The Great Ocean Walk is our most iconic coastal walk, for good reason, as it traverses one of Australia’s most dramatic coastlines from Apollo Bay to the Twelve Apostles through the Great Otway National Park. The 104 km walk meanders its way through Manna gums with koalas only a few feet from the track, to traversing massive sea cliffs, cliffs that have made this location famous. You’ll walk through giant Mountain Ash forest, beneath the tallest flowering plants in the world and on along some of the most remarkable pristine beaches in Australia.

There are plenty of days when the ocean’s azure sparkle looks spectacularly inviting, but when you witness the awesome power of the Southern Ocean’s eternal tidal assault, you’ll see why this coastline is known as the Shipwreck Coast. There are also ample opportunities to spot wildlife in their natural habitat, ranging from kangaroos, wallabies, echidnas and koalas to black cockatoos, sea eagles, wedge-tailed eagles, dolphins and whales.

Cost
Type Indicative prices
Adult

Per person twin share. Single supplement of AUD 855 is payable for a single room.

$2,795.00 - $2,995.00

Inclusions

8-day pack-free walking holiday Accommodations & meals Luggage transport and vehicle transfers National Park admission Auswalk guide pack: notes, track maps, lunch bag & container 24hr support

Days of operation:
  • Departure details: 14/08/19 - 15/12/19

    Daily: 02:00pm - 10:00am

  • Departure details: 16/12/19 - 31/01/20

    Daily: 02:00pm - 10:00am

  • Departure details: 01/02/20 - 15/12/20

    Daily: 02:00pm - 10:00am

  • Departure details: 16/12/20 - 31/01/21

    Daily: 02:00pm - 10:00am

  • Departure details: 01/02/21 - 15/12/21

    Daily: 02:00pm - 10:00am

  • Departure details: 16/12/21 - 31/01/22

    Daily: 02:00pm - 10:00am

Tour highlights:
  • Marriners Lookout
    In the early days of European settlement, much of the coast had been explored by sea but the inland was largely undeveloped and considered by many to be inaccessible. After World War 1 Australia, like much of the rest of the world, suffered a Great Depression. The government of the day decided to build the Great Ocean Road to open up the coast and as a memorial to those who died in the Great War. Work commenced in 1919 by thousands of returned servicemen. It took 13 years to build and was constructed entirely by manpower with road gangs using picks and shovels, dynamite and horses. The returned “diggers” named various points as reminders of the war including Artillery Rocks, Mt Defiance, Shrapnel Gully and Cinema Point. Unlike their American counterparts, the road gangs were not prisoners - the men worked for "Susso", slang for sustenance pay sent home to their wives during the Great Depression. The road was eventually opened in 1932 and is 250km long.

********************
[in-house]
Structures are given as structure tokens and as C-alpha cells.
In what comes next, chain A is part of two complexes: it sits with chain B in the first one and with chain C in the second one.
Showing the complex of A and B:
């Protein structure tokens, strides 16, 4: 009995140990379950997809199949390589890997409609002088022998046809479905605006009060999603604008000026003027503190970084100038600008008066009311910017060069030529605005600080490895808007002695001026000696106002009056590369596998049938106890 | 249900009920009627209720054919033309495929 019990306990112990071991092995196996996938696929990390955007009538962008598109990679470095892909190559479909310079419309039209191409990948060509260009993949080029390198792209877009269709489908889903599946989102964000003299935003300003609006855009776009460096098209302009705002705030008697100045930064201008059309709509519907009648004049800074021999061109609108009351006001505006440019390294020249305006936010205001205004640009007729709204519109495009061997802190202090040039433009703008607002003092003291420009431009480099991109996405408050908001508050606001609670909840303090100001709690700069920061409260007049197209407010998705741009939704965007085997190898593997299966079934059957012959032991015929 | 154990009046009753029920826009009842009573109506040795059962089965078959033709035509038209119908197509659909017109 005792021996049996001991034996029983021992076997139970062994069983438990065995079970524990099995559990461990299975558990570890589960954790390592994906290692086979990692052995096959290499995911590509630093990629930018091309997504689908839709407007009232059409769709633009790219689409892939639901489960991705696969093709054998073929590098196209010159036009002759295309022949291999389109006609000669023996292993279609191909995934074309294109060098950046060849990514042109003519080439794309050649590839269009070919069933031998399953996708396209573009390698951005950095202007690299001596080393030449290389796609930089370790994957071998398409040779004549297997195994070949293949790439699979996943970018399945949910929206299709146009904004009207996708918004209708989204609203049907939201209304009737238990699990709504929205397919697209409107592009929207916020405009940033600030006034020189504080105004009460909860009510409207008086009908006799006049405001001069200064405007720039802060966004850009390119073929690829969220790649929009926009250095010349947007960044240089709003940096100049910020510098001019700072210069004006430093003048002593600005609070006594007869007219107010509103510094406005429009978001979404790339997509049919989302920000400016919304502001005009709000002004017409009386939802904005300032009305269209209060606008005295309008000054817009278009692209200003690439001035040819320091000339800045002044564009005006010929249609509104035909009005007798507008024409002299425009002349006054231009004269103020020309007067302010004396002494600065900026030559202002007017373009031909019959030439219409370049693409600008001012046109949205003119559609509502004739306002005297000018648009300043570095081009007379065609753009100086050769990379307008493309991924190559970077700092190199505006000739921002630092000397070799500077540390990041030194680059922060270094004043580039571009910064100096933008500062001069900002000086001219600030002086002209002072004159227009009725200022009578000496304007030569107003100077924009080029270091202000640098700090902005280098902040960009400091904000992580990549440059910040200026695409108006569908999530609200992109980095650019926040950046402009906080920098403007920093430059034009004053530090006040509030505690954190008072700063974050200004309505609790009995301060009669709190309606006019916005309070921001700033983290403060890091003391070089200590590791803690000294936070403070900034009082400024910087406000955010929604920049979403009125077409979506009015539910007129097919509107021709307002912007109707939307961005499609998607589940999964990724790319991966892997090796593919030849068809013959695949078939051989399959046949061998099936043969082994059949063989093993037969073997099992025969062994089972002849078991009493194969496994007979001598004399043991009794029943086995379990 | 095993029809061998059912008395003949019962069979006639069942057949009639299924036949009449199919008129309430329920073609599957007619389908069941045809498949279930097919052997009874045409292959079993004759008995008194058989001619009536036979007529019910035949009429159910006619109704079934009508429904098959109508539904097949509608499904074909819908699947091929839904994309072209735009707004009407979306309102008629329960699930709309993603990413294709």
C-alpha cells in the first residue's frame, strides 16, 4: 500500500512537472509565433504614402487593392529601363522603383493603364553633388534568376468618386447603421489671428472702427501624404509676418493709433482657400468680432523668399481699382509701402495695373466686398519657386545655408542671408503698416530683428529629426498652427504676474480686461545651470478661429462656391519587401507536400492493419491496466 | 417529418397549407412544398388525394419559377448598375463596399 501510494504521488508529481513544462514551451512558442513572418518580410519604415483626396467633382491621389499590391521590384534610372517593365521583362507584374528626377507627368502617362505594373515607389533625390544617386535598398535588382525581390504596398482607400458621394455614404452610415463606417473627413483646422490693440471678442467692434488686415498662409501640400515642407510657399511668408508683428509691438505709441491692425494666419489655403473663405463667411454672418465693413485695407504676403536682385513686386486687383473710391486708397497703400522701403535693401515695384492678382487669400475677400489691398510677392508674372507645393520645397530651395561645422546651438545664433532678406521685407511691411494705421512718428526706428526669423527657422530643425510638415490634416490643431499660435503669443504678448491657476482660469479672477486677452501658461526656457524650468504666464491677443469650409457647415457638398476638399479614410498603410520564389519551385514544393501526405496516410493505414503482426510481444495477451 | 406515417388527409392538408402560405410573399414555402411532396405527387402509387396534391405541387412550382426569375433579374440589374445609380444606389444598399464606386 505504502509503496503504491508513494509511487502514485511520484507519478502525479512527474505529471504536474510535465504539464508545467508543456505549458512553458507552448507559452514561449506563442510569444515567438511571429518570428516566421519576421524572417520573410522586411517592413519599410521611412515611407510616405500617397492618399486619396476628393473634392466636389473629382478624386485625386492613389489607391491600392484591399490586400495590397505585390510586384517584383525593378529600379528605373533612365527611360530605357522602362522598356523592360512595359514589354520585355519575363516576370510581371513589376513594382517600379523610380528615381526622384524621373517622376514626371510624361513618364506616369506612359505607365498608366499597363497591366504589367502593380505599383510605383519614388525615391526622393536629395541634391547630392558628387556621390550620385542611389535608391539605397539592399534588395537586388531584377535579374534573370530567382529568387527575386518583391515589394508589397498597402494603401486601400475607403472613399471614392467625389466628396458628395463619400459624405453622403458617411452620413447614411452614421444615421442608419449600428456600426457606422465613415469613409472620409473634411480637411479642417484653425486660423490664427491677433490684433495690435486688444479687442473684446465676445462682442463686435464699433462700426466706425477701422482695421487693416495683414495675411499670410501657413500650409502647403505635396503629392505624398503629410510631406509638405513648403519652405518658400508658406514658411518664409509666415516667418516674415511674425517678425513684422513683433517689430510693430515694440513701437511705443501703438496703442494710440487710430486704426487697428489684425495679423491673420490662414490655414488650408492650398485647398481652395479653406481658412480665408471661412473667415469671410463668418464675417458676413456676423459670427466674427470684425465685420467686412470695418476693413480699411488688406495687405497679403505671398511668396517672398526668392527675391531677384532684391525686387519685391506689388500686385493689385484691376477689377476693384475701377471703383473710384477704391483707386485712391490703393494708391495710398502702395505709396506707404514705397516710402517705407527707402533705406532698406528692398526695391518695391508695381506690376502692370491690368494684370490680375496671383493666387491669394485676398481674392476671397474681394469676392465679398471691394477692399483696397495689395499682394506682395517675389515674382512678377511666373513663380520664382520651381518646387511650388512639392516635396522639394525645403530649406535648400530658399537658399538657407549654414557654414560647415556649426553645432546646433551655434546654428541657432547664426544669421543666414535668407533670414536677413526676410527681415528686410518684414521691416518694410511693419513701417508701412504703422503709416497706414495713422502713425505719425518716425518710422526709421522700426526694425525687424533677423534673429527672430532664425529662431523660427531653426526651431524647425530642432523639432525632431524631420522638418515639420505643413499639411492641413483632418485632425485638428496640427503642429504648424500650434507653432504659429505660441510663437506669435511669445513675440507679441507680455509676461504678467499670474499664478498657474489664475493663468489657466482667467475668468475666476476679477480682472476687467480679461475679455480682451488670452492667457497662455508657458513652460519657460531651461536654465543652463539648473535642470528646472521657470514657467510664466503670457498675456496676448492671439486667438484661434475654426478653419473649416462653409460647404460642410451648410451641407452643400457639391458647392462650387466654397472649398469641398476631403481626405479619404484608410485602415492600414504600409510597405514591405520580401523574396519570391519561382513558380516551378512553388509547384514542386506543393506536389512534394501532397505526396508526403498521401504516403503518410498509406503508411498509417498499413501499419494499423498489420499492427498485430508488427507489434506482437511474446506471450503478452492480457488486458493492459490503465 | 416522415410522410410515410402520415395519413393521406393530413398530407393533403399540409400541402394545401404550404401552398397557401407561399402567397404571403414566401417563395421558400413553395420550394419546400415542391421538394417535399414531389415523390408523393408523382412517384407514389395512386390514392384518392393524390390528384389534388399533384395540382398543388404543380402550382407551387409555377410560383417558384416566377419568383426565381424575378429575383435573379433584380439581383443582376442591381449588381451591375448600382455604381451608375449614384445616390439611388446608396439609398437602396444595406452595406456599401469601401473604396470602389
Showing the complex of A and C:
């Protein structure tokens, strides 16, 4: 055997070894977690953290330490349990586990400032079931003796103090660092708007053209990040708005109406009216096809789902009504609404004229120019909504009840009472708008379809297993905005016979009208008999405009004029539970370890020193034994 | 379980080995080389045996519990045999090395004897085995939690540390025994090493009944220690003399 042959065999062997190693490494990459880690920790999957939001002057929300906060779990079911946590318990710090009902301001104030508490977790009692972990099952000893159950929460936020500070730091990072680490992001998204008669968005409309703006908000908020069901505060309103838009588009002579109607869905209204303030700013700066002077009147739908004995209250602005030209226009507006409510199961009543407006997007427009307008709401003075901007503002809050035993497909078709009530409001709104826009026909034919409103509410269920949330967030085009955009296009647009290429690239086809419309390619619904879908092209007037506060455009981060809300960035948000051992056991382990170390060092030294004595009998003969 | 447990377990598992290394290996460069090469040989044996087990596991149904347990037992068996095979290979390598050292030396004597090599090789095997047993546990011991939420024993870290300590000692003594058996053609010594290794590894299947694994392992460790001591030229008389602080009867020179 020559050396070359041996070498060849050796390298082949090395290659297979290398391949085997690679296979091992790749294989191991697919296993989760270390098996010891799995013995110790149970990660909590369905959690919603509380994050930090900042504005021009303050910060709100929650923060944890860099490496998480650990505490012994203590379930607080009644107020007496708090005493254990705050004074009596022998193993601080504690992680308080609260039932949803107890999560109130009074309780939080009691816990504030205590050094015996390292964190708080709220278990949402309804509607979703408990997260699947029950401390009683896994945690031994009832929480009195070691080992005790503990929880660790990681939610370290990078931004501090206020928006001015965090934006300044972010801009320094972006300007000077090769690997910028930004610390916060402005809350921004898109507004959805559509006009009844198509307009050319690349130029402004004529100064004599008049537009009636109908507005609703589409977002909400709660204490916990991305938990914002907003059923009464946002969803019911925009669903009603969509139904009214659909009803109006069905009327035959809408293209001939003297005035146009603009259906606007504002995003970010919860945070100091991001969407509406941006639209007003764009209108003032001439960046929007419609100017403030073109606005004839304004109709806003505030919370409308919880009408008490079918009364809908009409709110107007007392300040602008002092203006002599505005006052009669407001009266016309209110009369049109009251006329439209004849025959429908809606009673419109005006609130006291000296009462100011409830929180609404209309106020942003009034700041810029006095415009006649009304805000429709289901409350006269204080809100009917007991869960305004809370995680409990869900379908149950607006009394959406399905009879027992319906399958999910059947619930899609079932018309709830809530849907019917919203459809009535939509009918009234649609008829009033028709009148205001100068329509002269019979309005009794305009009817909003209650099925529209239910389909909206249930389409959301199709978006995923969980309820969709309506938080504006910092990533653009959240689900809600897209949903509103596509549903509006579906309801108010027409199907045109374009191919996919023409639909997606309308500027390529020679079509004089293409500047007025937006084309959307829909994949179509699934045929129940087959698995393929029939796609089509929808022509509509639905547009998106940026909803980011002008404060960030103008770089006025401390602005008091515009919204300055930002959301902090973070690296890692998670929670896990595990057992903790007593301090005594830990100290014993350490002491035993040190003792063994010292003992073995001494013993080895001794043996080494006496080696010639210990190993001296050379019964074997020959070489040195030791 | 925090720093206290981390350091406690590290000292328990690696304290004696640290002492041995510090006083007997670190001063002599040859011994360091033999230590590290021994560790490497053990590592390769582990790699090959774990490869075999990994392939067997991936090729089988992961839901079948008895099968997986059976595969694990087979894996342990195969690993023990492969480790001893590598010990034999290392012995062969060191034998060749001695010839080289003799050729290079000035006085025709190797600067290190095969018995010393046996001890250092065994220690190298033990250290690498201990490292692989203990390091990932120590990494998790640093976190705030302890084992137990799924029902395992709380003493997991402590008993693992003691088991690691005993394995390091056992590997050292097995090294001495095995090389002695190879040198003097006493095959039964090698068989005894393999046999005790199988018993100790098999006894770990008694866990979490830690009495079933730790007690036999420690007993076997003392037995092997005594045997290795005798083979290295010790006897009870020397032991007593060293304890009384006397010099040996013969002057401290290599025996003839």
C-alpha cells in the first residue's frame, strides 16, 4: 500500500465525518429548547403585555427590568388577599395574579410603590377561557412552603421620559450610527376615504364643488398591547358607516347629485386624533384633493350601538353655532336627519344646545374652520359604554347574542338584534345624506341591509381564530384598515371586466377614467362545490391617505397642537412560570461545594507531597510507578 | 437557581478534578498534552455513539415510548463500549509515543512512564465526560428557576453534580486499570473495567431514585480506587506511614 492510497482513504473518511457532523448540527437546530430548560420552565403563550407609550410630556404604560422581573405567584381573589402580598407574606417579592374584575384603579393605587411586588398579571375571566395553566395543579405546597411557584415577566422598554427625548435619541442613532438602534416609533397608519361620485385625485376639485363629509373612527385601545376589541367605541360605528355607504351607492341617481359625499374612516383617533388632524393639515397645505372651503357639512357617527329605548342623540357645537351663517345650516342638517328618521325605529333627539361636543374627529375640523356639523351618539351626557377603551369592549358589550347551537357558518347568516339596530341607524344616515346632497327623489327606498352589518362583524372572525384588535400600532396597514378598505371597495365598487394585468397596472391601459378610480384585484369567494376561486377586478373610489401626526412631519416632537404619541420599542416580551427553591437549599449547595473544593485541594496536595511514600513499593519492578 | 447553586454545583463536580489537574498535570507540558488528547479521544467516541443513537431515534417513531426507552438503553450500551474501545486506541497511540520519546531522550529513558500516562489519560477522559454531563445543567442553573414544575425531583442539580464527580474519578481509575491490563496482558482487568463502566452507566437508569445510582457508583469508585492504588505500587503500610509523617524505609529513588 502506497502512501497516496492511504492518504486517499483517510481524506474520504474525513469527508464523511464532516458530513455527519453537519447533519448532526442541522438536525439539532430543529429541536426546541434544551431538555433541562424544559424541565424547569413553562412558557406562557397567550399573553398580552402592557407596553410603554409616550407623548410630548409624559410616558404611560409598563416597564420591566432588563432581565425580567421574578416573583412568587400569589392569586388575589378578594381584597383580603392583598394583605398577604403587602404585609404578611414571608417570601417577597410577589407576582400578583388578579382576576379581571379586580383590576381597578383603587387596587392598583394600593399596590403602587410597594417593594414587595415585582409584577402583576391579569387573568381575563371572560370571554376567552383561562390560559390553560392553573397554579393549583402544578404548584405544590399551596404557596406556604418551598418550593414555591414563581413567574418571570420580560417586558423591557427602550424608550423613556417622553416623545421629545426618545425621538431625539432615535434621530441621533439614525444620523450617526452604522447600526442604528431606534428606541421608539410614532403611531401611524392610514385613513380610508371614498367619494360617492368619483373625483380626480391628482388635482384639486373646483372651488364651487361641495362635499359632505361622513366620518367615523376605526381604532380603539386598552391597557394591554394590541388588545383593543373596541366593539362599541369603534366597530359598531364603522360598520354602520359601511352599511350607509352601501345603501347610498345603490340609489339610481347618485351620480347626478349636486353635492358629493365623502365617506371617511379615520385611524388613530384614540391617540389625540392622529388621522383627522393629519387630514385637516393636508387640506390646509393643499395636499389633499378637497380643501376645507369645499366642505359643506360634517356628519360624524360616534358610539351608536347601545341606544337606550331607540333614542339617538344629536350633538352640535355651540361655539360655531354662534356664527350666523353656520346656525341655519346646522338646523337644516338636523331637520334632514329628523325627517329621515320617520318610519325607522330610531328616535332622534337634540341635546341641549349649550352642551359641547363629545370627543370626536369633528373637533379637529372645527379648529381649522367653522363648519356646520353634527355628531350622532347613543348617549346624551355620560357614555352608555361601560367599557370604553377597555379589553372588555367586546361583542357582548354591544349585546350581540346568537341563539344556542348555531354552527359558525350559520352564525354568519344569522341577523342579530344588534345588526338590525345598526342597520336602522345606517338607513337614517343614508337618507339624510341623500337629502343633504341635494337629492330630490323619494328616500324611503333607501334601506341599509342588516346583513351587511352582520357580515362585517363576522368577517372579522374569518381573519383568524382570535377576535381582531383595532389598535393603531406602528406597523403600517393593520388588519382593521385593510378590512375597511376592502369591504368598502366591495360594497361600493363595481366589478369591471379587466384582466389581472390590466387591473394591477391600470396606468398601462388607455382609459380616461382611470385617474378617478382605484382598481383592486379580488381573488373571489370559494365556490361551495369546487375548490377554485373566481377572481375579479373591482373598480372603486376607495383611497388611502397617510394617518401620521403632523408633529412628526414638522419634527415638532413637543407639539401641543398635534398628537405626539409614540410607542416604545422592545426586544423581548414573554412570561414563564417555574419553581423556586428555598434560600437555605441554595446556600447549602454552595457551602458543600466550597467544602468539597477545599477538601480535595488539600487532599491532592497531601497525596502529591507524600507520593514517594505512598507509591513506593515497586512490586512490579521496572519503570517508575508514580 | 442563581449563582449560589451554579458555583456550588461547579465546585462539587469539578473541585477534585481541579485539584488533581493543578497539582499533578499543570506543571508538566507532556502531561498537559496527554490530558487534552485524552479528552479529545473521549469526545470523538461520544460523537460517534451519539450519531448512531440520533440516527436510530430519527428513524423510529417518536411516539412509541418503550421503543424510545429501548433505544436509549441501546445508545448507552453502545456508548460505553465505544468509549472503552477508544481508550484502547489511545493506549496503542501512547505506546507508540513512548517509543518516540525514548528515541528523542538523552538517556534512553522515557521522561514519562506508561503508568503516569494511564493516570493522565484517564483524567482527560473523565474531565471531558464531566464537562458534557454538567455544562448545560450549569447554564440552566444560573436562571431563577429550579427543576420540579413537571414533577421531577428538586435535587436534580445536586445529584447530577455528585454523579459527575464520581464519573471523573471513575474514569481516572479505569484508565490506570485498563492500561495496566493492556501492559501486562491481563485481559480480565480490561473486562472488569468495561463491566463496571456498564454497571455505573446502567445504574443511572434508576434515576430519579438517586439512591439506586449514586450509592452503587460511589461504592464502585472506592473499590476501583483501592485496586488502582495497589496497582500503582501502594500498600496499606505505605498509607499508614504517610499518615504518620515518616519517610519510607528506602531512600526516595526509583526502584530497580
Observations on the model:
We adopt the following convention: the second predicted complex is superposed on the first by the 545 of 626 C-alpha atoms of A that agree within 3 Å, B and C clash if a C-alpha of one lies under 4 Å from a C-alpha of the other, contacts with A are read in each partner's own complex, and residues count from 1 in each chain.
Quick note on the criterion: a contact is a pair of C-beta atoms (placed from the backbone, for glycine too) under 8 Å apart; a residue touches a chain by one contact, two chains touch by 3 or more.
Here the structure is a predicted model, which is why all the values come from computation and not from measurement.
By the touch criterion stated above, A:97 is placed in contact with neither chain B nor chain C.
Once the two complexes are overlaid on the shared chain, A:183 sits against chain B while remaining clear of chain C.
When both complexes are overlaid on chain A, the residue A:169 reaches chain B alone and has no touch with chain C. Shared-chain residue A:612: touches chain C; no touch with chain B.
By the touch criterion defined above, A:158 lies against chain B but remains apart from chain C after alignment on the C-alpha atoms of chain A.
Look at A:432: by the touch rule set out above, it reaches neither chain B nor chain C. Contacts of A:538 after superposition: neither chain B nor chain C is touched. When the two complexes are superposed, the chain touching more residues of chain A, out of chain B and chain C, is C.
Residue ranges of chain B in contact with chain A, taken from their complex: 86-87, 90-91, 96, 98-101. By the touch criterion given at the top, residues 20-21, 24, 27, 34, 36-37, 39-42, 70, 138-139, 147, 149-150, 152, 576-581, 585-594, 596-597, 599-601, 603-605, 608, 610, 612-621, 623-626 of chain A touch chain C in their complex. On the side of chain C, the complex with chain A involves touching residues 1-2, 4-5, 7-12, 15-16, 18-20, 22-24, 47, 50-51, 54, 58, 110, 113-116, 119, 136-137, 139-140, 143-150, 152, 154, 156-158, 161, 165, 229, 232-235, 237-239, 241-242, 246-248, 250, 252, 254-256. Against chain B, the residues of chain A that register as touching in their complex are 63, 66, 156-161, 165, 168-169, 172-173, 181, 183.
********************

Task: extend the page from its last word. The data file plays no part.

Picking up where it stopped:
• Shelly Beach
    This area is an excellent koala habitat as is the forest to the north of the lighthouse. The koalas are an introduced species to this area and they have become prolific. So much so that they have destroyed much of the forest. The easiest way to spot koalas is to look for their droppings on the ground. The droppings are about 1cm long, tubular shaped, quite hard when dry, and contain coarse fragments of leaves. A koala is a marsupial that carries its hairless young in a pouch. The pouch is on mum’s belly and opens at the bottom so the baby doesn’t get hurt being dragged up trees. It has a muscle that can be tightened to hold the baby in. After leaving the pouch, the baby travels on mums back for another 6 mths. Koalas prefer to eat eucalyptus leaves from the Manna gum (which occur in this area), Red gum, Grey gum, Tallow wood, Swamp gum and Tasmanian Blue gum.